First things first; what is it we’re actually talking about here, because in big cities everywhere bad smells aren’t actually all that uncommon. Whether it’s that rotting bag of garbage someone dumped illegally, or that alleyway that people seem to use as an outdoor urinal, or even the exhaust fumes from a nearby ring road, there are plenty of factors that make large urban areas rather smelly places.
However, here in Barcelona, it seems that for many visitors the bad smell problem is worse than you’d expect. A quick Google search shows that there are quite a few people who have been surprised by the city’s unfortunate aroma: ‘Why does Barcelona smell like sulfur and sewage?’ asks one baffled user. ‘Great city marred by the stench of sewage’ comments another. Yet should we be trusting the opinion of a few disgruntled tourists?
Have a word with some of the foreigners living in the city (or ‘expats’ as they like to be referred to), and you’ll find most of them concur: the city does really smell like mierda sometimes. Yet most learn to live with it – a small price to pay for living in such a great city; like bad breath on a really cute puppy. Some even have their own affectionate nickname for it: ‘Eau de Barcelona,’ ‘Aroma de Barcelona,’ and more.
What about the locals? Well, they seem less vociferous on the matter and, if they’ve been around long enough, they can probably remember the pre-Olympics era, when the city underwent its 1988 ‘Master Drainage Plan.’ They did however get roused last year when the whole city was engulfed by the smell of poo – the emergency services received no less than 65 phone calls within a few hours, as residents worried whether it was a new form of terrorist attack. Turns out, the bad smell was fertilizer odor that had been carried by the wind from a farm 10 kilometers away.
Time to take a closer look at things and see what all the fuss is really about. The first thing to consider is Barcelona’s geographical position: it’s a large city perched on the edge of the Mediterranean and surrounded by hills (seven according to most locals). Therefore, there is naturally going to be a lot of water needing to run down the hills to escape into the ocean, and this means going through the city. It’s also the case that the flatter parts of town are close to sea level, and so sewage water doesn’t drain away as rapidly as it does in the higher parts of town.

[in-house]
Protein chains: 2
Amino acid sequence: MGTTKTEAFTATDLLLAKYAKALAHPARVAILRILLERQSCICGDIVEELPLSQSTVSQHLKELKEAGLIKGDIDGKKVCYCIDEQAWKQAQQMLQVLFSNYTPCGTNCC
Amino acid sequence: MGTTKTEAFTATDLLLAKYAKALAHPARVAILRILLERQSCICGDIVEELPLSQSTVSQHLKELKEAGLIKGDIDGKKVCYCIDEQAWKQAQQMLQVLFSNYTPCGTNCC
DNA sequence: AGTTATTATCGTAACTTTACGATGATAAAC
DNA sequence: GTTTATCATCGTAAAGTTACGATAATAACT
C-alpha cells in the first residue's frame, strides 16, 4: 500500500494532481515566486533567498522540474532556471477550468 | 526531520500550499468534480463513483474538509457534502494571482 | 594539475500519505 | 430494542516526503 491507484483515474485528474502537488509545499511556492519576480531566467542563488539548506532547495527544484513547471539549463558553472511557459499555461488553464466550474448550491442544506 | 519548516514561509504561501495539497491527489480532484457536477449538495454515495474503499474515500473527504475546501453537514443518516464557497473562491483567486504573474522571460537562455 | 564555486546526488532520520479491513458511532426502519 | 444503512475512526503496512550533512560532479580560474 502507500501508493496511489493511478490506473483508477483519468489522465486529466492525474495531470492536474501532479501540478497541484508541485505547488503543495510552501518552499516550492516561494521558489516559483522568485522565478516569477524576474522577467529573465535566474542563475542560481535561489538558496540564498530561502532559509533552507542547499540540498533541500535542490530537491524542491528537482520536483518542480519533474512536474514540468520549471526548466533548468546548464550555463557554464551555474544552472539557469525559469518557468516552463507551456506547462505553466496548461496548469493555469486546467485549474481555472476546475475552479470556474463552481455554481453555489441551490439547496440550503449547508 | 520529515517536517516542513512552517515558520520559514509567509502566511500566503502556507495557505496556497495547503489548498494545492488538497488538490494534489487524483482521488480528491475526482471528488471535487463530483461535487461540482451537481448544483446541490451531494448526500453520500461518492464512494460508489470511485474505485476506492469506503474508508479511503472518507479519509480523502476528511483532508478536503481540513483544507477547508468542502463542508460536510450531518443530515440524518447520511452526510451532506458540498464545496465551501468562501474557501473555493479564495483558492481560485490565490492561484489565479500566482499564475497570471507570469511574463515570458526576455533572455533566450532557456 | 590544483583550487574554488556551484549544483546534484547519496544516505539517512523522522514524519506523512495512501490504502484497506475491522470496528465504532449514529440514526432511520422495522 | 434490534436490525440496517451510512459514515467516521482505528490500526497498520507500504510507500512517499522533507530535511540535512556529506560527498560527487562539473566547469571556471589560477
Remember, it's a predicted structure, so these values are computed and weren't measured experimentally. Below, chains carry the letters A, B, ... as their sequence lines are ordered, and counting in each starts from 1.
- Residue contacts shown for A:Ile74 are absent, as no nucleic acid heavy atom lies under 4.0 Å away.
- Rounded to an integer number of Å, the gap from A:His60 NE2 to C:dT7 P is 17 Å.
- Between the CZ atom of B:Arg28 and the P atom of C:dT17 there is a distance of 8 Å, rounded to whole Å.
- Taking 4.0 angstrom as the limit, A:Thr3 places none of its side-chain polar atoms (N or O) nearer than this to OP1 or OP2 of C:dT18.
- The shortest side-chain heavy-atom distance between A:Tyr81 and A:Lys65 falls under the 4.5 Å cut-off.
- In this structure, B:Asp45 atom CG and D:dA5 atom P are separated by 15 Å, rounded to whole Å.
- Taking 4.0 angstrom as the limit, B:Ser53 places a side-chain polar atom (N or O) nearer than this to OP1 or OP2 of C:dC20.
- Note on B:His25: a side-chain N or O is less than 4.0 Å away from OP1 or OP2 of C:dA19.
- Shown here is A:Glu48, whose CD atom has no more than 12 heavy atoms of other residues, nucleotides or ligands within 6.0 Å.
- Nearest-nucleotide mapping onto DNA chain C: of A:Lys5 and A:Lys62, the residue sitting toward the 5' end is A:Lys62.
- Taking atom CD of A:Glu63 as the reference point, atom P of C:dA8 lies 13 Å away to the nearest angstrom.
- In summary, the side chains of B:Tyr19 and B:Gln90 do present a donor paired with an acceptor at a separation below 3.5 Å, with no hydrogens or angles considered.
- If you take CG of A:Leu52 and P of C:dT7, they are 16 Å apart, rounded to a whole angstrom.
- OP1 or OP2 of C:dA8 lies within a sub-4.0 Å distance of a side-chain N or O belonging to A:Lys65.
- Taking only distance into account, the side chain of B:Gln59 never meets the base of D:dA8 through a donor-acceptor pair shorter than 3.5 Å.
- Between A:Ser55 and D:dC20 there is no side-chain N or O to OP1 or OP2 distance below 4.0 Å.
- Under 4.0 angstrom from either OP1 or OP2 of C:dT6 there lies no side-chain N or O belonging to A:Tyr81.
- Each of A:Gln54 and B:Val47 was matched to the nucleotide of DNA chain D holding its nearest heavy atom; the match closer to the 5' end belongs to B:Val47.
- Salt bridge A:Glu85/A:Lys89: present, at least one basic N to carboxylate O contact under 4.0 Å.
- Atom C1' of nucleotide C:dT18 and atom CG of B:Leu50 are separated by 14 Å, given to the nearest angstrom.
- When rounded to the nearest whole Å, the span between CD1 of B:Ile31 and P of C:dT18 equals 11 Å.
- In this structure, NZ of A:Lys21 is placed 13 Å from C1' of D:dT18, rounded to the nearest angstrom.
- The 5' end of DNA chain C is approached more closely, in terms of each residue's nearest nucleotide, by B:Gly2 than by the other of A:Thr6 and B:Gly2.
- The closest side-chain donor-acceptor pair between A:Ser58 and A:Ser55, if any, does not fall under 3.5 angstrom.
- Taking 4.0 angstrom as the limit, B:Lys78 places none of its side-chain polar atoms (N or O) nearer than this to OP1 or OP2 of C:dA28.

What many people don’t know is that the world-famous La Rambla used to be an open sewer, which served precisely the purpose of evacuating water from the surrounding hills. Have a look at a map and you’ll notice that any street called a ‘Rambla‘ in Barcelona or nearby Badalona runs in the direction of the hills to the ocean. The first sewage systems were built by the Romans back when the city was known as Barcino, involving a complex system of aqueducts to help prevent the city from flooding when it rained.
Throughout much of the Middle Ages the city was plagued by sewage problems, although many efforts were made to manage the system to avoid outbreaks of disease. It wasn’t until 1886 that the city got its first modern sewage system, which was built upon older systems and which created a more complex network of sewers in the newly designed neighborhoods of Eixample.
Since then, the sewage system in Barcelona has been the subject of a number of renewal projects, not least the aforementioned ‘Master Drainage Plan,’ however some of the older parts of town still rely on antiquated drains. It is estimated that a staggering 50% of Barcelona’s 1,500 kilometer-long sewage system cannot be accessed by humans (think maintenance not leisure), and the city has become the testing ground for a new European project to introduce underground robots to assess the state of the drains.
Consider that the parts of town with the oldest sewage systems tend to be the oldest parts of the city, and that these also tend to be the places most visited by tourists (the Gothic Quarter, the Born, El Raval, etc.) and it’s easy to see why those areas end up being the ones most affected by the smell.
Despite the occasional stench, it looks like we might just need to give the city a break, taking into account its natural make-up (by the sea, surrounded by hills) and historic importance. Add to that the fact that it’s the third most densely populated city in Europe – with some 15,779 inhabitants per square kilometer, compared to some 1,510 in London or 3,994 in Berlin for example – and it’s easy to see why the city’s sewers are bound to have a tough time of it sometimes. At the end of the day, the odd antiquated sewer pipe is just a small price to pay for enjoying one of the most beautiful cities in Europe.